I’m thinking now of somebody like Daichi Miura, a man with all kinds of technical ability, but maybe without the push of a team like Tachibana’s. This music video for “Right Now,” for example, is the greatest thing I’ve seen in a long, long time re: male solo singers. The choreography is amazing and Miura’s voice is so sharp when it needs to be, and softer when the lights go down, and then smooth, and then jazzy, and then he hits that falsetto and draws it out until there isn’t any air left in the song. It’s like he has eight different voices inside of him and knows the right time to use each of them. Yet this song barely cracked the Top Ten of the Oricon before it slid way, way down into obscurity, making nary a year end list.

There is room for male pop singers like Miura, Yamashita and even Tachibana. I only hope there’s more songs like “Shame on me” and “Thinking of you” in Tachibana’s future, probably two of the strongest tracks on an album named for one of the weakest. In a year where a lot of great singles are shadowed by unnecessary full-lengths, I’m hoping to see more hard-earned, quality competition for the next great male artist in Japan.

Momoiro Clover Z: What we talk about when we talk about idols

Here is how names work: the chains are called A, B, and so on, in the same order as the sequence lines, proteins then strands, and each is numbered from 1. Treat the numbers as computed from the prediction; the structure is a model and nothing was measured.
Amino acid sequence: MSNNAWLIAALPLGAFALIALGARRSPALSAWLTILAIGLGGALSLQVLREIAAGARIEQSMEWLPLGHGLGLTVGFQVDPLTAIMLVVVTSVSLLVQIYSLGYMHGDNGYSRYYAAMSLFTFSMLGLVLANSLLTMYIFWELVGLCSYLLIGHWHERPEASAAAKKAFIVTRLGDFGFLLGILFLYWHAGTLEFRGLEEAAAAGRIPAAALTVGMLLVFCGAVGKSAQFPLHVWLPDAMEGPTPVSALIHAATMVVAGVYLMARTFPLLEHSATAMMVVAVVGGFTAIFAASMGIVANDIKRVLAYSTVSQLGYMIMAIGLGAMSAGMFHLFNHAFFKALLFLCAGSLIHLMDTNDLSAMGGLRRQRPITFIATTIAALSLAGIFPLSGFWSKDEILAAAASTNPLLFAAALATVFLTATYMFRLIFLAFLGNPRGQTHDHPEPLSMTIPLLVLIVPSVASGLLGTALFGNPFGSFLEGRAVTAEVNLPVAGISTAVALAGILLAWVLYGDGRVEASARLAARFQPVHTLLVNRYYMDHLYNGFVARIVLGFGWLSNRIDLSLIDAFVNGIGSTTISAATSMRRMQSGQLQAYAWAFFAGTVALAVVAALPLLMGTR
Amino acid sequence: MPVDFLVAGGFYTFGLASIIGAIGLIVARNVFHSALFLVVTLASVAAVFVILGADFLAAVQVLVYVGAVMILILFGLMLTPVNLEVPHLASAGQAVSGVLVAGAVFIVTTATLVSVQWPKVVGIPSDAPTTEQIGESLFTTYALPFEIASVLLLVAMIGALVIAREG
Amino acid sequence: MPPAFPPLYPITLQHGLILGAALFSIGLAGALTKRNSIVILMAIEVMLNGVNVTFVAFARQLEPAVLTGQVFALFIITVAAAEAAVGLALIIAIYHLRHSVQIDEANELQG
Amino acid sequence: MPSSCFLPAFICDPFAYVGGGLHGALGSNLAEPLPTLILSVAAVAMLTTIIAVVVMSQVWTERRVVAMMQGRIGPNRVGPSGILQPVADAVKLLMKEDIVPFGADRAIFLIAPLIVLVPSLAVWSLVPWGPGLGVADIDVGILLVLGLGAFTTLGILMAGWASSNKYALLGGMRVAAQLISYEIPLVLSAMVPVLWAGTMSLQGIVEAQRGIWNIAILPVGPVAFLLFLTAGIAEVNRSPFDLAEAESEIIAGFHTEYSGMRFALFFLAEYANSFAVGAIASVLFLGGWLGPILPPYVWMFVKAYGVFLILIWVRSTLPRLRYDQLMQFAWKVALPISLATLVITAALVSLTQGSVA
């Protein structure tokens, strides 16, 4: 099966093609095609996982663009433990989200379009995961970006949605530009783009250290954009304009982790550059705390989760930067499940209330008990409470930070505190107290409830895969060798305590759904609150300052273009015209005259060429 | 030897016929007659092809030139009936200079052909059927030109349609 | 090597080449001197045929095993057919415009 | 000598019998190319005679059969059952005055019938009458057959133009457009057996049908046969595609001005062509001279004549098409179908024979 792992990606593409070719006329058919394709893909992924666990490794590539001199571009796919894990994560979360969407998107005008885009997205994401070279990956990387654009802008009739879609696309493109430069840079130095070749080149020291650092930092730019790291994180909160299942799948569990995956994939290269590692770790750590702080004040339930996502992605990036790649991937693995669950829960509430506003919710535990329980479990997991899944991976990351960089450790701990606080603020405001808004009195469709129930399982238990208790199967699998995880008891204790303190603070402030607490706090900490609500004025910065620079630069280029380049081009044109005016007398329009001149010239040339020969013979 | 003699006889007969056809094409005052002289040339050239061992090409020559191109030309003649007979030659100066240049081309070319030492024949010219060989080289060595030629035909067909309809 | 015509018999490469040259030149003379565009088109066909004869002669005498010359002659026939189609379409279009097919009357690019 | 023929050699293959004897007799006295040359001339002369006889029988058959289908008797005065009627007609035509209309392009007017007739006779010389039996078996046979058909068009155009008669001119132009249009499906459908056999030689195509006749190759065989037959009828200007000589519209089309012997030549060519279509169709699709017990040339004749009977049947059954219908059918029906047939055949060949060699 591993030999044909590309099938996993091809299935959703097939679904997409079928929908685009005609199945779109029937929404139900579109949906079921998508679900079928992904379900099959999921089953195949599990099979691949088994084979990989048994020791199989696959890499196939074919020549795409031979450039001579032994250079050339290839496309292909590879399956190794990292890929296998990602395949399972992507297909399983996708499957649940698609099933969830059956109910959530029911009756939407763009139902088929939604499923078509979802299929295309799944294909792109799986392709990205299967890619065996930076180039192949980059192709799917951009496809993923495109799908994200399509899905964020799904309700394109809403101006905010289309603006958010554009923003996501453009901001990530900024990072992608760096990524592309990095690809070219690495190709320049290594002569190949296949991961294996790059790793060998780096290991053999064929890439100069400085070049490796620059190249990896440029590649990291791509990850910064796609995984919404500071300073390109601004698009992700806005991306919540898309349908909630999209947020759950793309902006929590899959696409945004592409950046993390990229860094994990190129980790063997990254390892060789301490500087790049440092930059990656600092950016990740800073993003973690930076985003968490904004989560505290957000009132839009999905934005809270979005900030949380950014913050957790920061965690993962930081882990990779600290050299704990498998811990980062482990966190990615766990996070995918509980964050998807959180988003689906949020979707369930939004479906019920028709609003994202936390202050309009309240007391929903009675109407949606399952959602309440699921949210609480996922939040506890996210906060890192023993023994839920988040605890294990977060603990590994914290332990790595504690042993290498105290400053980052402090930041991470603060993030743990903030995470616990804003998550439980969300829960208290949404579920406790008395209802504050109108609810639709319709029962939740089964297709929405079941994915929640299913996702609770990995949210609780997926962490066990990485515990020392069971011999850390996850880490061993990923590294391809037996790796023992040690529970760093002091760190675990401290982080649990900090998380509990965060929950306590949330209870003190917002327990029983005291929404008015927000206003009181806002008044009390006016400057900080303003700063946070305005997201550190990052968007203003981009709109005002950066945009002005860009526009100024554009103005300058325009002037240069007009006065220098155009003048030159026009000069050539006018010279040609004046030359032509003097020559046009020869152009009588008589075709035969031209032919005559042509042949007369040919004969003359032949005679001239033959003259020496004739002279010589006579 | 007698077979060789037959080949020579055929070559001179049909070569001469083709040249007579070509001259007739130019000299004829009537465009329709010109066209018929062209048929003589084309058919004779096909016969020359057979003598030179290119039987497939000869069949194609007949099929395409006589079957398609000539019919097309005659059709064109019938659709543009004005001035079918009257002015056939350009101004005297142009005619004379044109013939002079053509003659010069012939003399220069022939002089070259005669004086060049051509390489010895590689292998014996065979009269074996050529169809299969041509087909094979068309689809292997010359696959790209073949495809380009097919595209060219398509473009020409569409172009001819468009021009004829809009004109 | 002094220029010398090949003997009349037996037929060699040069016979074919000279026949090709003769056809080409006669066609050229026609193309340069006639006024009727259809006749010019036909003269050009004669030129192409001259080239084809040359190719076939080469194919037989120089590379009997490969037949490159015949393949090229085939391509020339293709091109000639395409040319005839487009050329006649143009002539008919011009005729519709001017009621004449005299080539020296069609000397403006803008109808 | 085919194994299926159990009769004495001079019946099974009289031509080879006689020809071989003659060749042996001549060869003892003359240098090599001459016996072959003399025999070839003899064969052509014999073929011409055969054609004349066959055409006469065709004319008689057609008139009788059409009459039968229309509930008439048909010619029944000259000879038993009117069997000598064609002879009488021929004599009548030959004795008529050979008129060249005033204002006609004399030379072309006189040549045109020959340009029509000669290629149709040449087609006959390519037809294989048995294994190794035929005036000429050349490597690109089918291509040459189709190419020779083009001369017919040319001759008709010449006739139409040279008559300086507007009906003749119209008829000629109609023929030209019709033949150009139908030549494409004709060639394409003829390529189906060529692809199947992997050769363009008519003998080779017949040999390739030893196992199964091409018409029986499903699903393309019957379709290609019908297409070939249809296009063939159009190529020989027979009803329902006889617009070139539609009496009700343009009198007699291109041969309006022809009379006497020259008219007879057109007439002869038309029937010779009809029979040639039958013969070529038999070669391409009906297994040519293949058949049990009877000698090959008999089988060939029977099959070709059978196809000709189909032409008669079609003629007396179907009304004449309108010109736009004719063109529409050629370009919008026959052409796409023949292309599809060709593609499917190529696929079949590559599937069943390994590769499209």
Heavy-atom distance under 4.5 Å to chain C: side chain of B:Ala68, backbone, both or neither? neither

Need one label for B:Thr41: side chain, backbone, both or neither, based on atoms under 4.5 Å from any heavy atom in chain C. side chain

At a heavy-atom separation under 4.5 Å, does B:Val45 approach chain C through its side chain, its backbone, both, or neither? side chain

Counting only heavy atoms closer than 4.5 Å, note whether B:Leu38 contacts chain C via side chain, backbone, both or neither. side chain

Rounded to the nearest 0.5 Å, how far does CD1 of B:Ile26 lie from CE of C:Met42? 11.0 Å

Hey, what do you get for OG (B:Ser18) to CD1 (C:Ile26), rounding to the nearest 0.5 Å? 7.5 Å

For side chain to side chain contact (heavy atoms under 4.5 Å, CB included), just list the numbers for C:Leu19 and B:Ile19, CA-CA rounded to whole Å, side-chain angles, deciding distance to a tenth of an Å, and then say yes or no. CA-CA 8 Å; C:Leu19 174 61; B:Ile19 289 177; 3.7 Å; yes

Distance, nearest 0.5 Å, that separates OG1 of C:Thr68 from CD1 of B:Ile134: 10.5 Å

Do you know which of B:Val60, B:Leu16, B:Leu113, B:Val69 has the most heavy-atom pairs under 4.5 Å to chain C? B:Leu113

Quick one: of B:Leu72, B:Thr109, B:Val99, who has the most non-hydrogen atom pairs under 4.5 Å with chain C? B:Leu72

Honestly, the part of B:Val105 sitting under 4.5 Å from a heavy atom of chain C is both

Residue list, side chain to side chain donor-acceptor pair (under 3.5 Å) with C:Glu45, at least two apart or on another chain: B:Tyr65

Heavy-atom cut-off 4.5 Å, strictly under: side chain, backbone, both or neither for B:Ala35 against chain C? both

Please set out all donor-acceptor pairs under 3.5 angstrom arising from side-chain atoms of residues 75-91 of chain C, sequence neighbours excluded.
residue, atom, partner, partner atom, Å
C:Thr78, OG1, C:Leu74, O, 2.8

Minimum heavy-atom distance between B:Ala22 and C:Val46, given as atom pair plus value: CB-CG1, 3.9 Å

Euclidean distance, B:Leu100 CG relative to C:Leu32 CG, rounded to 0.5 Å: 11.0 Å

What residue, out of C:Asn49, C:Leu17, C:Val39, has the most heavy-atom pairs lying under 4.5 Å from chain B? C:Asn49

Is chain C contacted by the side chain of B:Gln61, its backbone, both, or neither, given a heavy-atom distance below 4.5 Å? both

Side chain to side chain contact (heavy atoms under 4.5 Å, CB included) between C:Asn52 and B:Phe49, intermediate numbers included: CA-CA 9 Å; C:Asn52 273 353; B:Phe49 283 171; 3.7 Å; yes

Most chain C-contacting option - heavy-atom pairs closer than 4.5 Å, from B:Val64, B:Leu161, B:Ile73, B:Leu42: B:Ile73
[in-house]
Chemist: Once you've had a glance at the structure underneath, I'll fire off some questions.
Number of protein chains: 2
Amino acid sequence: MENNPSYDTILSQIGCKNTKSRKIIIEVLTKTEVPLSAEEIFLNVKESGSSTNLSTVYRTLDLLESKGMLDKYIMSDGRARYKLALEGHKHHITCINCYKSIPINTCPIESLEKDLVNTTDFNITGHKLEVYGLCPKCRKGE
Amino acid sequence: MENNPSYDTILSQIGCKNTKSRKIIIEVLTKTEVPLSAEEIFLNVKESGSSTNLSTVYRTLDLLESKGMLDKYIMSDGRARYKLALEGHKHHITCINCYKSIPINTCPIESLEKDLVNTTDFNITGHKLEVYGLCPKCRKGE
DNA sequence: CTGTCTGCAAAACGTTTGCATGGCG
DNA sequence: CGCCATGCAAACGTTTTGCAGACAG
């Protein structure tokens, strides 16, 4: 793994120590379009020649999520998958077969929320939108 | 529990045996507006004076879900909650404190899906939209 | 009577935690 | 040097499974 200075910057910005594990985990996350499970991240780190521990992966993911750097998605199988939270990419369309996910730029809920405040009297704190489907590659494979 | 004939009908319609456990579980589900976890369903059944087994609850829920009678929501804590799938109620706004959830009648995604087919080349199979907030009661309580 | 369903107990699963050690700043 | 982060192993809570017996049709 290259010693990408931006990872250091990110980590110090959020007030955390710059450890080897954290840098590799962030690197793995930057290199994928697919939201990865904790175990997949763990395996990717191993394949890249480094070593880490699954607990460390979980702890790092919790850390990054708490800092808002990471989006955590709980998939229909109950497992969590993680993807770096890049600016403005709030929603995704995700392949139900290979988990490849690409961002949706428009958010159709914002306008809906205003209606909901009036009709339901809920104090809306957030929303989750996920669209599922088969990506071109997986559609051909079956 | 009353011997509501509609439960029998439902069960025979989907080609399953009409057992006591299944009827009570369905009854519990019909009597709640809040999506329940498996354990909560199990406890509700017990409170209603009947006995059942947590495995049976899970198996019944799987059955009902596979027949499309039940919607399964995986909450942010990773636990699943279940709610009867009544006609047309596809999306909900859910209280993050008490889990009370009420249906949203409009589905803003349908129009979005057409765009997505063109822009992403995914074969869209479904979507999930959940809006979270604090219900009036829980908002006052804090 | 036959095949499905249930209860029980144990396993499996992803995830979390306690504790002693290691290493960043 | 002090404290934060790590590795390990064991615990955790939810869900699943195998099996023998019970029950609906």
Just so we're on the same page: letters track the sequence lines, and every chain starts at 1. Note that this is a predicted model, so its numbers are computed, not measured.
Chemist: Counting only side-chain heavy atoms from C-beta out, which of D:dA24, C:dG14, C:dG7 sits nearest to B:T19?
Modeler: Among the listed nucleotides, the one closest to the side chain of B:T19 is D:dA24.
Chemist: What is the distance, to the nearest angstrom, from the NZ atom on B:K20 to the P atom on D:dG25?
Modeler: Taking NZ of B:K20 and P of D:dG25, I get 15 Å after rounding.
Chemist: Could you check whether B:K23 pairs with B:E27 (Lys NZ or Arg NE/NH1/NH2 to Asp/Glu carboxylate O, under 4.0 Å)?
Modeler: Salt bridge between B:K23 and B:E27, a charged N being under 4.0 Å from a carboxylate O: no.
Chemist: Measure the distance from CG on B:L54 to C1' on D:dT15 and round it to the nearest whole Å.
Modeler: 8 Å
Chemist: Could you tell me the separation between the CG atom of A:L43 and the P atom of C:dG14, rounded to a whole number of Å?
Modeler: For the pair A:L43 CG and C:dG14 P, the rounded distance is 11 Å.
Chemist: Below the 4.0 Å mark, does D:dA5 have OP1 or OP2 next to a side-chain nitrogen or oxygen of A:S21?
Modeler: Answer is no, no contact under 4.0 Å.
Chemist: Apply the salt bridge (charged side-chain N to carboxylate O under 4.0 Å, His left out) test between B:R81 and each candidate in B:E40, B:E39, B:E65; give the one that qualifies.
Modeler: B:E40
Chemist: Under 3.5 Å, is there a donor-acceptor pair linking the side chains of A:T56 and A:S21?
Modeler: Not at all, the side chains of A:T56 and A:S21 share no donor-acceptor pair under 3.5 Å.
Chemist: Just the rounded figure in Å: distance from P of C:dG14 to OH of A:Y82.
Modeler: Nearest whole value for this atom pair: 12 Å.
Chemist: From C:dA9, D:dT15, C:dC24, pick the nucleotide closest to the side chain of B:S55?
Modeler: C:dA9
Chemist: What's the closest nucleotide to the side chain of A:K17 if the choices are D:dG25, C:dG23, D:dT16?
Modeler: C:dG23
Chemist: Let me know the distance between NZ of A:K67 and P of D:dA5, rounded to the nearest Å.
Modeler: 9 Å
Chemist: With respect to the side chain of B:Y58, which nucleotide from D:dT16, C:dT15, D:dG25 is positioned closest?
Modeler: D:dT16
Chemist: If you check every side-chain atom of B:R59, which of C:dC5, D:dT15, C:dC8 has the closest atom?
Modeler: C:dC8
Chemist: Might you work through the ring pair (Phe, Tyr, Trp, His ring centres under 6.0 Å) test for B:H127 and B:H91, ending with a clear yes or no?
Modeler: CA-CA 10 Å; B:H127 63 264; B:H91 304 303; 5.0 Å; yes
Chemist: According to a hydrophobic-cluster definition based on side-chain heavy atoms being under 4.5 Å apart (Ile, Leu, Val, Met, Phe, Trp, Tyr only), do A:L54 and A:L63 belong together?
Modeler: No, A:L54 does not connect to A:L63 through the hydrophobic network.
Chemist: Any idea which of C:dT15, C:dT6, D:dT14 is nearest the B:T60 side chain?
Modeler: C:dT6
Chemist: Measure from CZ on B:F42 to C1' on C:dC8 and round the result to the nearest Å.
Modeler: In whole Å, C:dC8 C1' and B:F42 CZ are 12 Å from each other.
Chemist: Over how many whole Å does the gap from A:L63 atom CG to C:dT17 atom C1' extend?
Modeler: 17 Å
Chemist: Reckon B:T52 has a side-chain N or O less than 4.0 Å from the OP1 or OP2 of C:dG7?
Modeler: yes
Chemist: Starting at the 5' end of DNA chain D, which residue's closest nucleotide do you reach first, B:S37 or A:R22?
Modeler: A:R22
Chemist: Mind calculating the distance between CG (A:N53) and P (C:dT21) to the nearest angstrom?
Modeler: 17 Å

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If this is AKB48’s world and we’re just living in it, Momoiro Clover Z has an even greater task on their hands: tweaking the standard just enough to keep it different, without ever abandoning true blue idol pop. I should confess that AKB48 is my least favorite thing to happen to Japanese pop music in the past decade. This includes, by the way, teen boy bands, Funky Monkey Babys, and Ayumi Hamasaki’s last single. Because we have yet to crown a new diva, one who hasn’t been born before 1990, the Oricon charts and pop culture conversation revolves around girl groups and subgroups. Unfortunately, AKB48’s success may have unleashed an ever larger number of idiosyncratic idol groups, but it’s become difficult to mess with the formula in any substantial way. Take Perfume, an idol group by any definition, who have never truly fit the mold: their best feature — music that doesn’t succumb to traditional idol pop — has also been their commercial downfall. It’s easy to think of Perfume as wildly successful because of their vociferous niche community, but their last number one single was 2009’s “ONE ROOM DISCO.” And more than chart status, looking at a group’s ripple effect is a better indicator of the kind of popularity we’re dealing with. When Perfume hit it big, a spat of similar artists mopping the classic Yasutaka Nakata electro-pop sound debuted, hoping to get their foot in the door it took Perfume almost six years to pry open. In recent years, these groups and solo artists are almost all but forgotten.